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Element Of Crime
cast: Michael Elphick, Esmonde Knight, Me Me Lai

director: Lars Von Trier

99 minutes (15) 1984
widescreen ratio 16:9
Tartan VHS retail
Also available to buy on DVD

RATING: 7/10
reviewed by Mike Philbin
Element Of Crime, written by Tom Elling and Tomas Gļæ½slason, is a hideous filthy sweating truncated autopsy, whose cinematic delights read like an expressionistic poem. It features: psychoanalysis from Egypt of the prodigal detective, mirror imaging and photo overlays help to confuse the viewer and confound the plot, dead horses flopping on the ropes of drowned migraine, lots of shooting guns into the night sky, expressionistic horror backdrop of guilt, the battered skulls of flailing peasants, actions and dialogue are stylised as if played by cockroaches wearing human skin, stark lighting and brutal characterisation slowly unravel the sepia-toned happenings, a waking holocaust strewn with allegorical significance and suffocated with symbolic befuddlement.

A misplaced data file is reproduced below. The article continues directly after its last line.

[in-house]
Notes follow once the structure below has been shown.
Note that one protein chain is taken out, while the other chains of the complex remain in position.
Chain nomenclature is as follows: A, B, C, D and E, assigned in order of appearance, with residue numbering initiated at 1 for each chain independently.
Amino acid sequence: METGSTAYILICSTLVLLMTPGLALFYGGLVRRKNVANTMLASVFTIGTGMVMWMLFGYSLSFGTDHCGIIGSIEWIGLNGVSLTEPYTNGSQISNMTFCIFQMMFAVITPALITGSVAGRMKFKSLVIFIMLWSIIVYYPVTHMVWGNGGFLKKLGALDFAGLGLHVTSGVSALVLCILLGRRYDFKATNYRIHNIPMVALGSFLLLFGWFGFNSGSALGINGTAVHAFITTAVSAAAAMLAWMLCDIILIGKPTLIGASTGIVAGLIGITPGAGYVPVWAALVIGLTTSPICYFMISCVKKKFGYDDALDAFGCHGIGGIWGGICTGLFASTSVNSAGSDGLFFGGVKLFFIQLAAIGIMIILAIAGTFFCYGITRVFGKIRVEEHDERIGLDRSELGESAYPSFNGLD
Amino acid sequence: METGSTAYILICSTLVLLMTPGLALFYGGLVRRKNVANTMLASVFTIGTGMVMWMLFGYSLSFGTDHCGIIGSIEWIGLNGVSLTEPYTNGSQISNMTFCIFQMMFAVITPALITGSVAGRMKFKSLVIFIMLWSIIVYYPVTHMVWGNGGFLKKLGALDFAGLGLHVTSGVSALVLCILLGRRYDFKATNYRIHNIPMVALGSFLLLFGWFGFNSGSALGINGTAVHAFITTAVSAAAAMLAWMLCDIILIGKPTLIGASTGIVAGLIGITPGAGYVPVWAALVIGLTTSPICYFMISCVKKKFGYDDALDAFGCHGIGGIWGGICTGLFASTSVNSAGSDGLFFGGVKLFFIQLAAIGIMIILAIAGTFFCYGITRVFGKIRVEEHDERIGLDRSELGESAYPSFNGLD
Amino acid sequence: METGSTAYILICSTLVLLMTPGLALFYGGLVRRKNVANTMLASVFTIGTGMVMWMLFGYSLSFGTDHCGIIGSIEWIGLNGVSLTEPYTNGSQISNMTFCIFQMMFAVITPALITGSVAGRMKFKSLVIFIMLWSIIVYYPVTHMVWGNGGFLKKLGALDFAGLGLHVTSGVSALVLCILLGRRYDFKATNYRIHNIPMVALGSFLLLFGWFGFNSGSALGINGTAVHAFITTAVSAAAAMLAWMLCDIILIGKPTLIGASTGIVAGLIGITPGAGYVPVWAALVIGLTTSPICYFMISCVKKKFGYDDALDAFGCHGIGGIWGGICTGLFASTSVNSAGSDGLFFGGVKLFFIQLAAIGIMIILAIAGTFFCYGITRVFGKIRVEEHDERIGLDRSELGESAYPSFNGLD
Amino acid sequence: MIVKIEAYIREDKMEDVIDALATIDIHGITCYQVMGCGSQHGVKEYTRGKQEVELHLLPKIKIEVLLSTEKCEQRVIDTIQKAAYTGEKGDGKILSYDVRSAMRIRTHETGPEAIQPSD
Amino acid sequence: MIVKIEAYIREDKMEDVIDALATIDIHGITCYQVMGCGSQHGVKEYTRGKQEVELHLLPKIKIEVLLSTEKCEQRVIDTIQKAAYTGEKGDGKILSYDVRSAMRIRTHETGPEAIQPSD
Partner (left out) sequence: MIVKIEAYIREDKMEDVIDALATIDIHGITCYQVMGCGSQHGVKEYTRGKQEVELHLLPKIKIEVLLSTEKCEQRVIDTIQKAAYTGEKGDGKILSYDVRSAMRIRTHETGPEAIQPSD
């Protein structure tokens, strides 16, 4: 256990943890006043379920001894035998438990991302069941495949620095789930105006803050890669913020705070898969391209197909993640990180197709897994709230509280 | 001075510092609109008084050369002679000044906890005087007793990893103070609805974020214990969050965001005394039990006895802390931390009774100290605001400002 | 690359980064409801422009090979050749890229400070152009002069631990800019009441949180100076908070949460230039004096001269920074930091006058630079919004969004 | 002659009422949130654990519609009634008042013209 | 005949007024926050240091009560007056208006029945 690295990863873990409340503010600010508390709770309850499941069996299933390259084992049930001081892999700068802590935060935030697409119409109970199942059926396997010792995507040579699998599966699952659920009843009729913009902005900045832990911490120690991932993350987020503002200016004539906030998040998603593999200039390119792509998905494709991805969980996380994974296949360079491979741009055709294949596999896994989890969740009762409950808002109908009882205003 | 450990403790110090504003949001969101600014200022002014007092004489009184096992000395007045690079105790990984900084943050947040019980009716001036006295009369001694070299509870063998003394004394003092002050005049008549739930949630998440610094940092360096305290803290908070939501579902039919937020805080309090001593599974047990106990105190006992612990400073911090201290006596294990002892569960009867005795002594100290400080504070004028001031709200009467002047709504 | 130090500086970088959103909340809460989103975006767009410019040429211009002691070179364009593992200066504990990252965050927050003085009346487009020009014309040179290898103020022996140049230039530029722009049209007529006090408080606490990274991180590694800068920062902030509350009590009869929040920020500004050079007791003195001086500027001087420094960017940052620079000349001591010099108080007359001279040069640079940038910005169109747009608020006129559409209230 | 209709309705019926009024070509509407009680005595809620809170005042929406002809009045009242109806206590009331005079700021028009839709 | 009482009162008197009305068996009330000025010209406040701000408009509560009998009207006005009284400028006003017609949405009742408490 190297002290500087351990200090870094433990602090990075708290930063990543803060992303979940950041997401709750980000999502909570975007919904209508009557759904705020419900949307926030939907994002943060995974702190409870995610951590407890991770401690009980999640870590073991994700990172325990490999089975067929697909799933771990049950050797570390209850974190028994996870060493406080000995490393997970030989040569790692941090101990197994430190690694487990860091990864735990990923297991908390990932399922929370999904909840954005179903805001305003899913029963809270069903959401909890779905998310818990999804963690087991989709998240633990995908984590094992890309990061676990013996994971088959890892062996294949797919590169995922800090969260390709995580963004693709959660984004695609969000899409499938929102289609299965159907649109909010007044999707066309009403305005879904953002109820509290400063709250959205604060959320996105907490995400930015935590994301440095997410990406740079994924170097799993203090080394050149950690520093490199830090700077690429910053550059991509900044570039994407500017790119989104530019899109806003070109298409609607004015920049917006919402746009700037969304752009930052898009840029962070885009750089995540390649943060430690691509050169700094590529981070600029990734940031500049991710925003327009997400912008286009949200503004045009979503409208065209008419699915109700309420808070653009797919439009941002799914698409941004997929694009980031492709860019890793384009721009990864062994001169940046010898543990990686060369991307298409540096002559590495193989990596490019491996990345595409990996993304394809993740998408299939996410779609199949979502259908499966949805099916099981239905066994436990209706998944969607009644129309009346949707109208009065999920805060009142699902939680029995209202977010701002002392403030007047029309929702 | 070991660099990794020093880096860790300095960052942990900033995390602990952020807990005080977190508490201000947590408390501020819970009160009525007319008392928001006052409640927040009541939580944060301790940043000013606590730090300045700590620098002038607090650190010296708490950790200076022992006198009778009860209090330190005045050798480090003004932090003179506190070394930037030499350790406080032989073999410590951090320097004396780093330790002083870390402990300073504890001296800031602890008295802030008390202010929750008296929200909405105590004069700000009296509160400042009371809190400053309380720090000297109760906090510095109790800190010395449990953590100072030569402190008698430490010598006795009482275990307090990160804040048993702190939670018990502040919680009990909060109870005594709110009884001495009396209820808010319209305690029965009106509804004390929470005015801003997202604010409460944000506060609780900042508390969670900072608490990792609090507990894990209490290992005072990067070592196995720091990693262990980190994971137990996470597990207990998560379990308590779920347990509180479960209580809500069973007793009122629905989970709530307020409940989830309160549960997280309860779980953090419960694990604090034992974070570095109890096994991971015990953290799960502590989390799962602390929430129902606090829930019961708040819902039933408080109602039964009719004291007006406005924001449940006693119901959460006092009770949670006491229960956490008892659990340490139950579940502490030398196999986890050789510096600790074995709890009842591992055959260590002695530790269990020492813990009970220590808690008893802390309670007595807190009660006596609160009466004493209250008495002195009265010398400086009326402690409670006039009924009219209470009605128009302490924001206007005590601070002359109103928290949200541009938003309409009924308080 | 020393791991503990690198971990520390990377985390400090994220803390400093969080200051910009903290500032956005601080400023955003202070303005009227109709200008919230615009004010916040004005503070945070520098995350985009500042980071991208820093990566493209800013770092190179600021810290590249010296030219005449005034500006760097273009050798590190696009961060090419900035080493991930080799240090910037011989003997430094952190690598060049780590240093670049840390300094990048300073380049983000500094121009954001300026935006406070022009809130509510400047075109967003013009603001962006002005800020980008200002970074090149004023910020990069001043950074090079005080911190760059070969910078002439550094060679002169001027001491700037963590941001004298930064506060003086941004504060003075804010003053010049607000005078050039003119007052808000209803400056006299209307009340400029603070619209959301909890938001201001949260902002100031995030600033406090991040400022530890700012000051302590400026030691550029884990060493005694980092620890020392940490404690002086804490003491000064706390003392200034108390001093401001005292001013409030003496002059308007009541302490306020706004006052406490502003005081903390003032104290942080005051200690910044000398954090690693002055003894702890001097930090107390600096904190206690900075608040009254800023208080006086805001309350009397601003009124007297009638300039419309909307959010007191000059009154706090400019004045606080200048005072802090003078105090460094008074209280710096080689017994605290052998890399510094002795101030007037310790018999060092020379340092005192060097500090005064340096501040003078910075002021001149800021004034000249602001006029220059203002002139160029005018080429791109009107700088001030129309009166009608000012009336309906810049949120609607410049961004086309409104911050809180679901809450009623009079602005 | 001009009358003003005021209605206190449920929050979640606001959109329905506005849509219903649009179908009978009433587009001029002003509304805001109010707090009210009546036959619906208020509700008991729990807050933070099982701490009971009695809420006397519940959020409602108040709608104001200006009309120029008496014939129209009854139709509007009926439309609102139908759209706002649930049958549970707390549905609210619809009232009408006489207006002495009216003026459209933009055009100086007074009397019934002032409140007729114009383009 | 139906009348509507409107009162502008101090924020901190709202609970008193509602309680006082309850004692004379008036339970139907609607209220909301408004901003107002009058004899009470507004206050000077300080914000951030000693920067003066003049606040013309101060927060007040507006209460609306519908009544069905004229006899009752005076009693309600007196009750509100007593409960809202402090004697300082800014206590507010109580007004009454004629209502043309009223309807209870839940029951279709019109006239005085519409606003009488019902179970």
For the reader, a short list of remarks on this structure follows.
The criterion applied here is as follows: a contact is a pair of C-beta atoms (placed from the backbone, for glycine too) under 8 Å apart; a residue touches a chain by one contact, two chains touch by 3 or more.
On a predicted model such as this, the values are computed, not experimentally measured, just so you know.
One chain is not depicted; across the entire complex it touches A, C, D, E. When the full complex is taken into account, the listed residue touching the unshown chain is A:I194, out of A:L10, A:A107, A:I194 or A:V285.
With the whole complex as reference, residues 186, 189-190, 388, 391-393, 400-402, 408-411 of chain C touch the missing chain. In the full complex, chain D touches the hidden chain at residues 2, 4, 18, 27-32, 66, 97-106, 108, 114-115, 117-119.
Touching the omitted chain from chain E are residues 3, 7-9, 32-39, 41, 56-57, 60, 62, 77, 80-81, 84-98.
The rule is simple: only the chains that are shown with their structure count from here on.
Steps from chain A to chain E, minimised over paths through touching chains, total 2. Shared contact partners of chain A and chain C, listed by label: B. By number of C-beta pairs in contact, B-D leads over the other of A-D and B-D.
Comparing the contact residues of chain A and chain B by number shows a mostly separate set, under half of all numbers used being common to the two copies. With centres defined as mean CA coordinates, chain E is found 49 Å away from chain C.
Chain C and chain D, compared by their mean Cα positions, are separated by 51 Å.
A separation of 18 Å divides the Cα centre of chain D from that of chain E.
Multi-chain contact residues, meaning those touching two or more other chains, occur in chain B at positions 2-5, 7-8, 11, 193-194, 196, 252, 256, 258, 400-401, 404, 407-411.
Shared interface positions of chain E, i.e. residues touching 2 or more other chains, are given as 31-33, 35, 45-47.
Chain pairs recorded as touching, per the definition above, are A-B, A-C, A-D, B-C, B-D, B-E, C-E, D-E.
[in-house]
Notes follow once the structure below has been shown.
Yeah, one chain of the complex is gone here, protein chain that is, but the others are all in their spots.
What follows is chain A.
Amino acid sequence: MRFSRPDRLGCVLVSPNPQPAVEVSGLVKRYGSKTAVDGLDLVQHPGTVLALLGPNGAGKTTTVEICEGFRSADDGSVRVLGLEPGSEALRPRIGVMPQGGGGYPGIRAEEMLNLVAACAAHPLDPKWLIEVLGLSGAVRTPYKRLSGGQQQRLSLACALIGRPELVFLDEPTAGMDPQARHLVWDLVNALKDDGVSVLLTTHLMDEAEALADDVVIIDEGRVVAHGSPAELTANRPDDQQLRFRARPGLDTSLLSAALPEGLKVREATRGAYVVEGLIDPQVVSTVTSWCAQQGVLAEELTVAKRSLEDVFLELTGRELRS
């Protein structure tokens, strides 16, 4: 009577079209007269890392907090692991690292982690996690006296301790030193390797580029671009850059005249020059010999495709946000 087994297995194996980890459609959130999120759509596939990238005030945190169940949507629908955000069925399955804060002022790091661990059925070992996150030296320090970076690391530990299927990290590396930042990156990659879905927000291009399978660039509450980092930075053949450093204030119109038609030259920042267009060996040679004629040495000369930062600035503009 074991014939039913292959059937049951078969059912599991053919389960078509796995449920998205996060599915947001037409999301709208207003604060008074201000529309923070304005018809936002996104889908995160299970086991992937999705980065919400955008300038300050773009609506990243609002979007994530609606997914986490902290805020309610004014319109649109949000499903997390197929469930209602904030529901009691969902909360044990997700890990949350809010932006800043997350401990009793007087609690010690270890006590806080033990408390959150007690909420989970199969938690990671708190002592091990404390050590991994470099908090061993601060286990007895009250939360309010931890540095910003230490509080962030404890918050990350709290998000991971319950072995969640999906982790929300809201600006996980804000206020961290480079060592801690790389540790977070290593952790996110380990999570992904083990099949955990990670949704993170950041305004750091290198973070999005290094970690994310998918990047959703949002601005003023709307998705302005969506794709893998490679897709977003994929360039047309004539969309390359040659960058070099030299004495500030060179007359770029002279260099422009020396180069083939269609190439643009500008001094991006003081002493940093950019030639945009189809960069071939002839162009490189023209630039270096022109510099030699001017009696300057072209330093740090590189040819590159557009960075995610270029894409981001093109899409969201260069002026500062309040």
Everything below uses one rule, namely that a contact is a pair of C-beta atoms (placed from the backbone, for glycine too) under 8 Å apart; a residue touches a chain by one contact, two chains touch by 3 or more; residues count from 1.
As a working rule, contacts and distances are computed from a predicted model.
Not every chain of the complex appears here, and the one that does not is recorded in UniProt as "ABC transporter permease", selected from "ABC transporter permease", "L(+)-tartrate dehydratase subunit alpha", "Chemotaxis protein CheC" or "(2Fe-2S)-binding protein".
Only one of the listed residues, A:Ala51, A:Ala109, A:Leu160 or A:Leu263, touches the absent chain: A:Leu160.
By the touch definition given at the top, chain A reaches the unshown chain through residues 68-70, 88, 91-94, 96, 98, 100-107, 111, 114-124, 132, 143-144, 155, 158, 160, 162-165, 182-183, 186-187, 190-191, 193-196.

"I'm on my way to Halbestadt," drones central character Fischer (Elphick), "to the lockup."
   "Why do you have to keep torturing yourself?" Kim (Lai) asks.
   "I believe in joy," replies Fischer.
   Set somewhere in post-apocalyptic Northern Europe it looks like it was filmed on a derelict building site in Hackney. The movie is overwritten and seems to be a too literal translation of a work of Swedish literature, only watchable for its sheer grimness and desperation.